He raised an eyebrow.  "Look, can we just set aside the training and focus on working on actual cases?  Until the Raven Queen comes back from the Divine Convocation, she requested--"

"We know," said Lup.  "Bird Mom left you in charge."

"And will you please stop calling her Bird Mom!"  He strode back towards his office.  "Clean up this mess, both of you.  I've received concerning reports about some sort of death cult whose members have cropped up in multiple cities, and I want to take a look at it before it continues to spread much further."  He gestured, and a few of the ravens perched around the office began to gather folders into a pile on his desk.

Barry scratched his jaw.  "Is it normal for her to be away this frequently?" he asked.  "Didn't she have to attend some other Divine Convocation, like, a month ago?"

"Yeah," said Lup, "I thought you said they were pretty rare."

"Time moves differently for the gods," Kravitz said, pausing in the doorway to consider this.  "I admit, it is…unusual to have two gatherings this close together.  But if the Raven Queen feels that something requires our attention, she will let us know when she returns."  He crossed over to his desk, and reached for the top folder.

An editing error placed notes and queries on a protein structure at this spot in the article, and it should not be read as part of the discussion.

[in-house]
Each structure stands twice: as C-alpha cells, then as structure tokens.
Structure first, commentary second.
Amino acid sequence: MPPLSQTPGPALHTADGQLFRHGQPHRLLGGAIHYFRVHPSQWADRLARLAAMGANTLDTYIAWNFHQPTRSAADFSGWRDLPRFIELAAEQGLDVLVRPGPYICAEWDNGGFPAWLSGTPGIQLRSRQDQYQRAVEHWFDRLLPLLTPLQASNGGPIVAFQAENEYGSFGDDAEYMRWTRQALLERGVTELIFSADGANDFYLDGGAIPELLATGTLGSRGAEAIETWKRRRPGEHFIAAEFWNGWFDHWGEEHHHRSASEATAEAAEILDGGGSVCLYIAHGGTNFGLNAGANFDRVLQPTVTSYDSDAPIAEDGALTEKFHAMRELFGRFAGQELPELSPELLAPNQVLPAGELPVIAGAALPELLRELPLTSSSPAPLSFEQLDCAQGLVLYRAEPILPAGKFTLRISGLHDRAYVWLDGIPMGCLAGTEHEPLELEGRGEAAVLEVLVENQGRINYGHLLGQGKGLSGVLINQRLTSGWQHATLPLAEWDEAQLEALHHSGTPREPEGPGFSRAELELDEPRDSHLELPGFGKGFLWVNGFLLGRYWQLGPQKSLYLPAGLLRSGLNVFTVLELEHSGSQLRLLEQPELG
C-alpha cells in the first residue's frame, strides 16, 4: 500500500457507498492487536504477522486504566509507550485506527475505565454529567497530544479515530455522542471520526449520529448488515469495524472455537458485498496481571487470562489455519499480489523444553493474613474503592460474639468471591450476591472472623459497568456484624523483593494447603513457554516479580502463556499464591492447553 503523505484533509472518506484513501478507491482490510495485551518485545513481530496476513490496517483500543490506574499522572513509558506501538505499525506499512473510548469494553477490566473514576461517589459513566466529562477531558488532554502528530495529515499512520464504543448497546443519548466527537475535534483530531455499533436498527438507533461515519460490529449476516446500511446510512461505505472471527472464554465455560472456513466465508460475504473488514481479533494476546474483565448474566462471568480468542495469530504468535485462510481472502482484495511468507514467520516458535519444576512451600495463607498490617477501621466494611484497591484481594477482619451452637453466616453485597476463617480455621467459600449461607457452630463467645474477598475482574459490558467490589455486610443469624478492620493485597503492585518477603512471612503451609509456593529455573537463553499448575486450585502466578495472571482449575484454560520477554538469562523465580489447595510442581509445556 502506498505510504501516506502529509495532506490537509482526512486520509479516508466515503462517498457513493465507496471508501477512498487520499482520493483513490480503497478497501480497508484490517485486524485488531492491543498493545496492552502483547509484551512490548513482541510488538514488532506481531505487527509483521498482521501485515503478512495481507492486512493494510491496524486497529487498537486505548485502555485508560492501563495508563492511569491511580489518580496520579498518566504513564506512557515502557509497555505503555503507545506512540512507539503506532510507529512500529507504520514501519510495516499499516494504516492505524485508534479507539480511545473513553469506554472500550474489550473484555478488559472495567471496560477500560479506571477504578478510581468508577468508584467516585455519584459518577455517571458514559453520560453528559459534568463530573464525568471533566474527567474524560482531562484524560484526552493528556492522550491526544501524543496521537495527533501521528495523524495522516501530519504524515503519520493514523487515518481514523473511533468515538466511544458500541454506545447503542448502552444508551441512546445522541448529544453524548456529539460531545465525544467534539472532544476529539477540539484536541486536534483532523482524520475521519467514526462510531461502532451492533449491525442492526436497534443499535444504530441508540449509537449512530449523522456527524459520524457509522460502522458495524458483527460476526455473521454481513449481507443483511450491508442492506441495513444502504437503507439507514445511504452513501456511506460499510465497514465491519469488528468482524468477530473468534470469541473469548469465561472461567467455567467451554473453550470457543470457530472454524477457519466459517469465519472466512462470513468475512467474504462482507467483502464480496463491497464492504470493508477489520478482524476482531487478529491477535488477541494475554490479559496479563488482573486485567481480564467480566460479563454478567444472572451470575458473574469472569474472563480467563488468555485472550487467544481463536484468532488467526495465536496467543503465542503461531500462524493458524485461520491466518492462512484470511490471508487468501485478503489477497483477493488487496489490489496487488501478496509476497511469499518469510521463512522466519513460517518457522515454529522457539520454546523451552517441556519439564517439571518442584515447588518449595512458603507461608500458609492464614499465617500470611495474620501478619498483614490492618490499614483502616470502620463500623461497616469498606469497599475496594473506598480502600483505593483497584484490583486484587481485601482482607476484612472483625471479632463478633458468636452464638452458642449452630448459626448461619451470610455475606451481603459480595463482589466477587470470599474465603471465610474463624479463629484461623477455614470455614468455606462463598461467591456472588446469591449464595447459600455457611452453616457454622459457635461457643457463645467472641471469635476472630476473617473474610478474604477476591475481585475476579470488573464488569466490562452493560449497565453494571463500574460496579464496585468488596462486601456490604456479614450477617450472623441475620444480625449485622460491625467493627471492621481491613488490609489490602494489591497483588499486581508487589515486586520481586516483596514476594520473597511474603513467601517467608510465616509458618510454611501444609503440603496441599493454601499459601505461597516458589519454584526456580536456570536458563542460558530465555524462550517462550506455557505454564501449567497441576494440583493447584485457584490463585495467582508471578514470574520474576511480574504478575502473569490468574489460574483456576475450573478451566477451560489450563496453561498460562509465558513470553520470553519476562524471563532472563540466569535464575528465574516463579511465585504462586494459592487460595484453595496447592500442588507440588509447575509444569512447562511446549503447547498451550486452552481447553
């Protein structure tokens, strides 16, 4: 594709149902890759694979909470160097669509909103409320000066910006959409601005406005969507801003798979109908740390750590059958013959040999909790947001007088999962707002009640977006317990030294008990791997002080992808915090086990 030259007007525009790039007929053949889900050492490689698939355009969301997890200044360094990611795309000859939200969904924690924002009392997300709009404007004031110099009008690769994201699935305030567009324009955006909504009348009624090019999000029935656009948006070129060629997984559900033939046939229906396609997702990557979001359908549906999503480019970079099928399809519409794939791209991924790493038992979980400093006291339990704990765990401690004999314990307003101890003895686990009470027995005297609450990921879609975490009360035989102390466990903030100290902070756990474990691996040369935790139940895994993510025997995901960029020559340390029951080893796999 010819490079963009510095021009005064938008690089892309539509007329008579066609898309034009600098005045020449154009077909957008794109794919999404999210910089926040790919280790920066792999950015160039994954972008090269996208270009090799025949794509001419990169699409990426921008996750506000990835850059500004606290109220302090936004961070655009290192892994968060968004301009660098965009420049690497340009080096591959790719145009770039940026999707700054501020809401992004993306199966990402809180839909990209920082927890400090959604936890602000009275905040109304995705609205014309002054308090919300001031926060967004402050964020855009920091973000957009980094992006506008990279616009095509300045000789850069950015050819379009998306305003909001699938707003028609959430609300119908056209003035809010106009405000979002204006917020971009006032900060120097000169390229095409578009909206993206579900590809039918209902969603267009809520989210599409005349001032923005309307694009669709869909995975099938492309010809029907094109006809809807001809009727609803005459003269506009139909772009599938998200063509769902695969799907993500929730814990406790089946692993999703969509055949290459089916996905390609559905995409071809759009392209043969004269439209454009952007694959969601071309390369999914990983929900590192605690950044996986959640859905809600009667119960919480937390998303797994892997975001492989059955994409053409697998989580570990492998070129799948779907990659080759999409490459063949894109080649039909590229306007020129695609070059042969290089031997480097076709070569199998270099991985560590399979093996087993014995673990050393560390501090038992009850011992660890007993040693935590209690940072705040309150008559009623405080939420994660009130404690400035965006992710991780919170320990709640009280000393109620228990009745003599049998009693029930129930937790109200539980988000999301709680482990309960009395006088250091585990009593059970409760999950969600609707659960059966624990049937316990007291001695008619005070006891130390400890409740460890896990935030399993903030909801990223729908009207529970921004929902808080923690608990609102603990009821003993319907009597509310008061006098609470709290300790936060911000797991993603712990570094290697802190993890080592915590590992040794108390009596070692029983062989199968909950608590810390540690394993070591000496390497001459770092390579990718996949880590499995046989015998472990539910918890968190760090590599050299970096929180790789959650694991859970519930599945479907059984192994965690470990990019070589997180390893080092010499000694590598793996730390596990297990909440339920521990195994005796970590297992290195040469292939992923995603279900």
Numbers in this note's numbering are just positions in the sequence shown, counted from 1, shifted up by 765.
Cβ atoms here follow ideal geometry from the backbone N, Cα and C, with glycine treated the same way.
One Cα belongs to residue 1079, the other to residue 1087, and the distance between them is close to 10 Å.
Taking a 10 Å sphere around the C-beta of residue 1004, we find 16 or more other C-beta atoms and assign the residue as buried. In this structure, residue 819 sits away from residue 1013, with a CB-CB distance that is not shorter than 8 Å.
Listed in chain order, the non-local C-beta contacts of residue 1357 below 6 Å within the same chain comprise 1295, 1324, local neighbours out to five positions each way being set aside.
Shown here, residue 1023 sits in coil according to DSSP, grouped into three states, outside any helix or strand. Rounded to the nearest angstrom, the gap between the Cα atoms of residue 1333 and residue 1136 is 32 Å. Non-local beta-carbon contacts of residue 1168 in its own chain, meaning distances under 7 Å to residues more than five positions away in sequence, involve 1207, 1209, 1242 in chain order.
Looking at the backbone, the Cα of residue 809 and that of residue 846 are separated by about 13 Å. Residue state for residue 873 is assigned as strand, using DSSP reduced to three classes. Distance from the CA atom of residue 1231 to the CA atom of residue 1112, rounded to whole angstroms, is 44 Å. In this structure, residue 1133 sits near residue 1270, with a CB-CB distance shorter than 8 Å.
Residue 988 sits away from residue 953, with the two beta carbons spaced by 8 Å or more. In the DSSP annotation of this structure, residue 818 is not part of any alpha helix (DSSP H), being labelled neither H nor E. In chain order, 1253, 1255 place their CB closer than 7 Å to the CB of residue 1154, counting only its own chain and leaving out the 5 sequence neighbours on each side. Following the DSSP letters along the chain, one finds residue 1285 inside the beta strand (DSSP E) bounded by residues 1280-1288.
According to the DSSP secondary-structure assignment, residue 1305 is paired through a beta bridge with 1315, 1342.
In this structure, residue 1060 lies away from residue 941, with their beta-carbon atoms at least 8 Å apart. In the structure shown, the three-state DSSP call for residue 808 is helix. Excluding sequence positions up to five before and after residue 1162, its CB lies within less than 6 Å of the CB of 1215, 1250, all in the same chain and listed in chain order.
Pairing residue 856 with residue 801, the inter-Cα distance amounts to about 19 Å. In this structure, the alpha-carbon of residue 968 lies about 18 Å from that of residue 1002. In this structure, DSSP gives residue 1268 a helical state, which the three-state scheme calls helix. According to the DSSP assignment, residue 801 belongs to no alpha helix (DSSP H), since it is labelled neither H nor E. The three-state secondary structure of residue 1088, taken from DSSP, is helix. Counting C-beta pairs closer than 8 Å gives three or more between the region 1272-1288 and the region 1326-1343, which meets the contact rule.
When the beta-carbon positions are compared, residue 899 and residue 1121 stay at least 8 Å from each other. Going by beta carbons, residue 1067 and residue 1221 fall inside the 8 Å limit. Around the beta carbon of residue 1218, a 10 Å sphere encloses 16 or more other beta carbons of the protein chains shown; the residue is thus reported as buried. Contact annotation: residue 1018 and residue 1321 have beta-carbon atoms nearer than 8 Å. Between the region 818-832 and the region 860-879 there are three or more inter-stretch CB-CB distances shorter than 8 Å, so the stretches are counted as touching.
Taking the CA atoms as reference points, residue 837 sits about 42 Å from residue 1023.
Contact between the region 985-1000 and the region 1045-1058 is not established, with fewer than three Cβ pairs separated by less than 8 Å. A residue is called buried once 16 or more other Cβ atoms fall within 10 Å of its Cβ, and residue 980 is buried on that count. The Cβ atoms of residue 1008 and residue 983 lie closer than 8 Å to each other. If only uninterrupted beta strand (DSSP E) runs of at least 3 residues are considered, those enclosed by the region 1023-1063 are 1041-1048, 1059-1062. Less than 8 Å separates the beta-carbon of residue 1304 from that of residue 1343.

Every raven in the office screamed at once.  Kravitz staggered back, stunned as the noise seemed to pierce right through him.  The ravens took off in a flurry of panicked wings, and then vanished, leaving not even a flutter of loose feathers behind.

They hadn't teleported away.  They had simply ceased to be.

He stared at the empty office.

Barry gasped behind him.  Lup asked, her voice shockingly quiet, "What was that?"

Kravitz put a hand to his mouth.  "I don't know," he said.  "I don't know."

 

#

 

Redmond reached down into his cloak and pulled out a package.  It was wrapped simply in brown paper and twine.  He handed it to his brother.  "Happy birthday, Luca," he said warmly.

Luca took the package, eyebrows raised.  He ripped away the paper with enthusiasm, and looked down at the second and third Caleb Cleveland novels.  He gasped.  "Redmond--you shouldn't have!"  He opened one of them and took a delicious whiff of the new book smell.  "How did you even manage this?"